Overview of this book

Used in everything from microcontrollers to operating systems, C is a popular programming language among developers because of its flexibility and versatility. This book helps you get hands-on with various tasks, covering the fundamental as well as complex C programming concepts that are essential for making real-life applications. You’ll start with recipes for arrays, strings, user-defined functions, and pre-processing directives. Once you’re familiar with the basic features, you’ll gradually move on to learning pointers, file handling, concurrency, networking, and inter-process communication (IPC). The book then illustrates how to carry out searching and arrange data using different sorting techniques, before demonstrating the implementation of data structures such as stacks and queues. Later, you’ll learn interesting programming features such as using graphics for drawing and animation, and the application of general-purpose utilities. Finally, the book will take you through advanced concepts such as low-level programming, embedded software, IoT, and security in coding, as well as techniques for improving code performance. By the end of this book, you'll have a clear understanding of C programming, and have the skills you need to develop robust apps.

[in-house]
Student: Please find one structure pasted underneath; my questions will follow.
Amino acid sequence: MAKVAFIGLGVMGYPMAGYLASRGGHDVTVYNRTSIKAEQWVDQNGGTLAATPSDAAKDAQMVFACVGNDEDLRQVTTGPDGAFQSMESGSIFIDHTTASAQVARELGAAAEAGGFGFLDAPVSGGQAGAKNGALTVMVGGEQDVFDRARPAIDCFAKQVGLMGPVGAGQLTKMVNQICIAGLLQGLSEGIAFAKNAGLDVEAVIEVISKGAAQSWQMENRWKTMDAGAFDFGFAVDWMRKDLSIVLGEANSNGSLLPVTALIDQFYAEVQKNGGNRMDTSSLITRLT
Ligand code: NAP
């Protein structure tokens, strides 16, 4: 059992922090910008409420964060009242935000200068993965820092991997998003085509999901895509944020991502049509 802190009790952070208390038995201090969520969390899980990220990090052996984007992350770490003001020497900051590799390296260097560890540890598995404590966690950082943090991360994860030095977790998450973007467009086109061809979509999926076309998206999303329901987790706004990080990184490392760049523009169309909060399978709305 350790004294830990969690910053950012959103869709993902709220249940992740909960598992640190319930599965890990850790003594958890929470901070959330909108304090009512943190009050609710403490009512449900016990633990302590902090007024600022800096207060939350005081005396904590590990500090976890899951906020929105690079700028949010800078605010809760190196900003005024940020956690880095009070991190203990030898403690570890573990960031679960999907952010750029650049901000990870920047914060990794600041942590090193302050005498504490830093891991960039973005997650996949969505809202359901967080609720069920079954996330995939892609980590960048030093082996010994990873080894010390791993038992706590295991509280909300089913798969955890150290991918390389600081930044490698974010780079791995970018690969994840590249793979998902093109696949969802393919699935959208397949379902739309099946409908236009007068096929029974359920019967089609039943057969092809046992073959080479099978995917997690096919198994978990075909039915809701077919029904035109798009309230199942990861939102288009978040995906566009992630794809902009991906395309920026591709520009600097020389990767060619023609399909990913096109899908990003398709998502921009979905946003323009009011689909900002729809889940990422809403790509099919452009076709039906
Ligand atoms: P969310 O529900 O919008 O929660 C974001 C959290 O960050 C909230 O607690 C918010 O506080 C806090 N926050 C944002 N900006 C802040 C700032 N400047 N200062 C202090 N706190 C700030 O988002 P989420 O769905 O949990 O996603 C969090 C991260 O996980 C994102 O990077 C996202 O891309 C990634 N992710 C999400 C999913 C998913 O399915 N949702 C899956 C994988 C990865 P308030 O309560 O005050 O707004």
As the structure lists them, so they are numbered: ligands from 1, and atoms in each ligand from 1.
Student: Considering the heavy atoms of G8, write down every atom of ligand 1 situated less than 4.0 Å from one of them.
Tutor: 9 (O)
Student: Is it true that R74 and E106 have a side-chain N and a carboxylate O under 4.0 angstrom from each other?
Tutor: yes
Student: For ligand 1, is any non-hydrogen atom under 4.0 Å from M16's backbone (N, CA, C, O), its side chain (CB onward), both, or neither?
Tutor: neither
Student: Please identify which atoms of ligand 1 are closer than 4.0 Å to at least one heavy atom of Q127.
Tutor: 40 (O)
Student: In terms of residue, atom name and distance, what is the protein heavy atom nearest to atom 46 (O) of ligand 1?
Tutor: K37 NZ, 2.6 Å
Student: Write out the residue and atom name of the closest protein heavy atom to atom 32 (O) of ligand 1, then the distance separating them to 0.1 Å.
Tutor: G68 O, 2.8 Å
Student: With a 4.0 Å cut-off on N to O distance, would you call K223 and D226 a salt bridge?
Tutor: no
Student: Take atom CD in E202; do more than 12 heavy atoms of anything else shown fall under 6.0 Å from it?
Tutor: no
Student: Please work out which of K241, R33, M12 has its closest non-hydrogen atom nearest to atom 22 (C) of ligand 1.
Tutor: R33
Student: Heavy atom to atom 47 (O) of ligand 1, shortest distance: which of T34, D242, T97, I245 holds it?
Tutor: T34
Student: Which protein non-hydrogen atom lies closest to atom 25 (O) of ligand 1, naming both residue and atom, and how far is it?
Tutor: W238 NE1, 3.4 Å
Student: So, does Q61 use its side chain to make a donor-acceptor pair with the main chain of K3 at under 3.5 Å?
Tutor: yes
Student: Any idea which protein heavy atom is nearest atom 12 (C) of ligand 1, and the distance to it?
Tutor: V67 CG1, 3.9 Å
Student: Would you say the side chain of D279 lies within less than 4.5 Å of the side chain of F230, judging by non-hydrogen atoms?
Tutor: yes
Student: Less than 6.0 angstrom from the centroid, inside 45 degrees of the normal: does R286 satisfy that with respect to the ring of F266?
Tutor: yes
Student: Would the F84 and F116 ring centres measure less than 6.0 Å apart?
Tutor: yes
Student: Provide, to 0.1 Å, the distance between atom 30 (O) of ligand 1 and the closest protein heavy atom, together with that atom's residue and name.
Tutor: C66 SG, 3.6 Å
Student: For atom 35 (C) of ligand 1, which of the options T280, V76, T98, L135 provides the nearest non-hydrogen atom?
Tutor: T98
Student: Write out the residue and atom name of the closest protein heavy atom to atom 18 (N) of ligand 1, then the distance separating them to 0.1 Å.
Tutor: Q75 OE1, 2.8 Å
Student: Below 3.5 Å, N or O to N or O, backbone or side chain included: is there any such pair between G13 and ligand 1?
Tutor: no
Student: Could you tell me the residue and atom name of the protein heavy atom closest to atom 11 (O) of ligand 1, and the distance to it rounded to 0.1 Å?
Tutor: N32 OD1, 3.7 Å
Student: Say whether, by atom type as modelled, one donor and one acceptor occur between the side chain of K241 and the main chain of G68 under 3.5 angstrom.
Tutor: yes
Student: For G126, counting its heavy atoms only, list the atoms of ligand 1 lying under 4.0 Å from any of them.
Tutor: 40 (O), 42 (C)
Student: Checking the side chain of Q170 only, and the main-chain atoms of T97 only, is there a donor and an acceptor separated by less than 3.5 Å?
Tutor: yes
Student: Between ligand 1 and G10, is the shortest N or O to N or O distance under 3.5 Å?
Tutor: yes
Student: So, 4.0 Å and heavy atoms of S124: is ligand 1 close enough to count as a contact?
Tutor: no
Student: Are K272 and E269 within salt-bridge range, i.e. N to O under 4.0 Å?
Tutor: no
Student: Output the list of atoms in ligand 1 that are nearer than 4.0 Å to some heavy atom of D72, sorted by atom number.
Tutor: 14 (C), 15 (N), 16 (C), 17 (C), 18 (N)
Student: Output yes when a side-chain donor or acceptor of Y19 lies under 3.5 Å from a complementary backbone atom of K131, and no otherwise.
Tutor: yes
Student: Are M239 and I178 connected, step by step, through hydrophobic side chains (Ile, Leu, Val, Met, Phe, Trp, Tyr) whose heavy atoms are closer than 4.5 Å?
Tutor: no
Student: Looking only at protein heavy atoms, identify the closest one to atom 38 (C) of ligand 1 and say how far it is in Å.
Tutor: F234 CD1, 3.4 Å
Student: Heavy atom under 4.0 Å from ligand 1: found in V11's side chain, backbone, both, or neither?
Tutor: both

Preface
Creativity with Graphics
Improving the Performance of Your Code
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Creating an adjacency matrix representation of a directed graph

An adjacency matrix is a square matrix that is used to represent a graph. The rows and columns of the matrix are labeled as per the graph vertices. So, if the graph vertices are 1,2,...5, then the rows and columns of the adjacency matrix will be labeled as 1,2,...5. Initially, the matrix is filled with all zeros (0). Then, the 0 at the mat[i][j] location (where i and j refer to the vertices) is replaced by 1 if there is an edge between the vertices of i and j. For example, if there is an edge from vertex 2 to vertex 3, then at the mat[2][3] index location, the value of 0 will be replaced by 1. In short, the elements of the adjacency matrix indicate whether pairs of vertices are adjacent or not in the graph.

Consider the following directed graph:

Figure 10.3

Its adjacency matrix representation is as follows...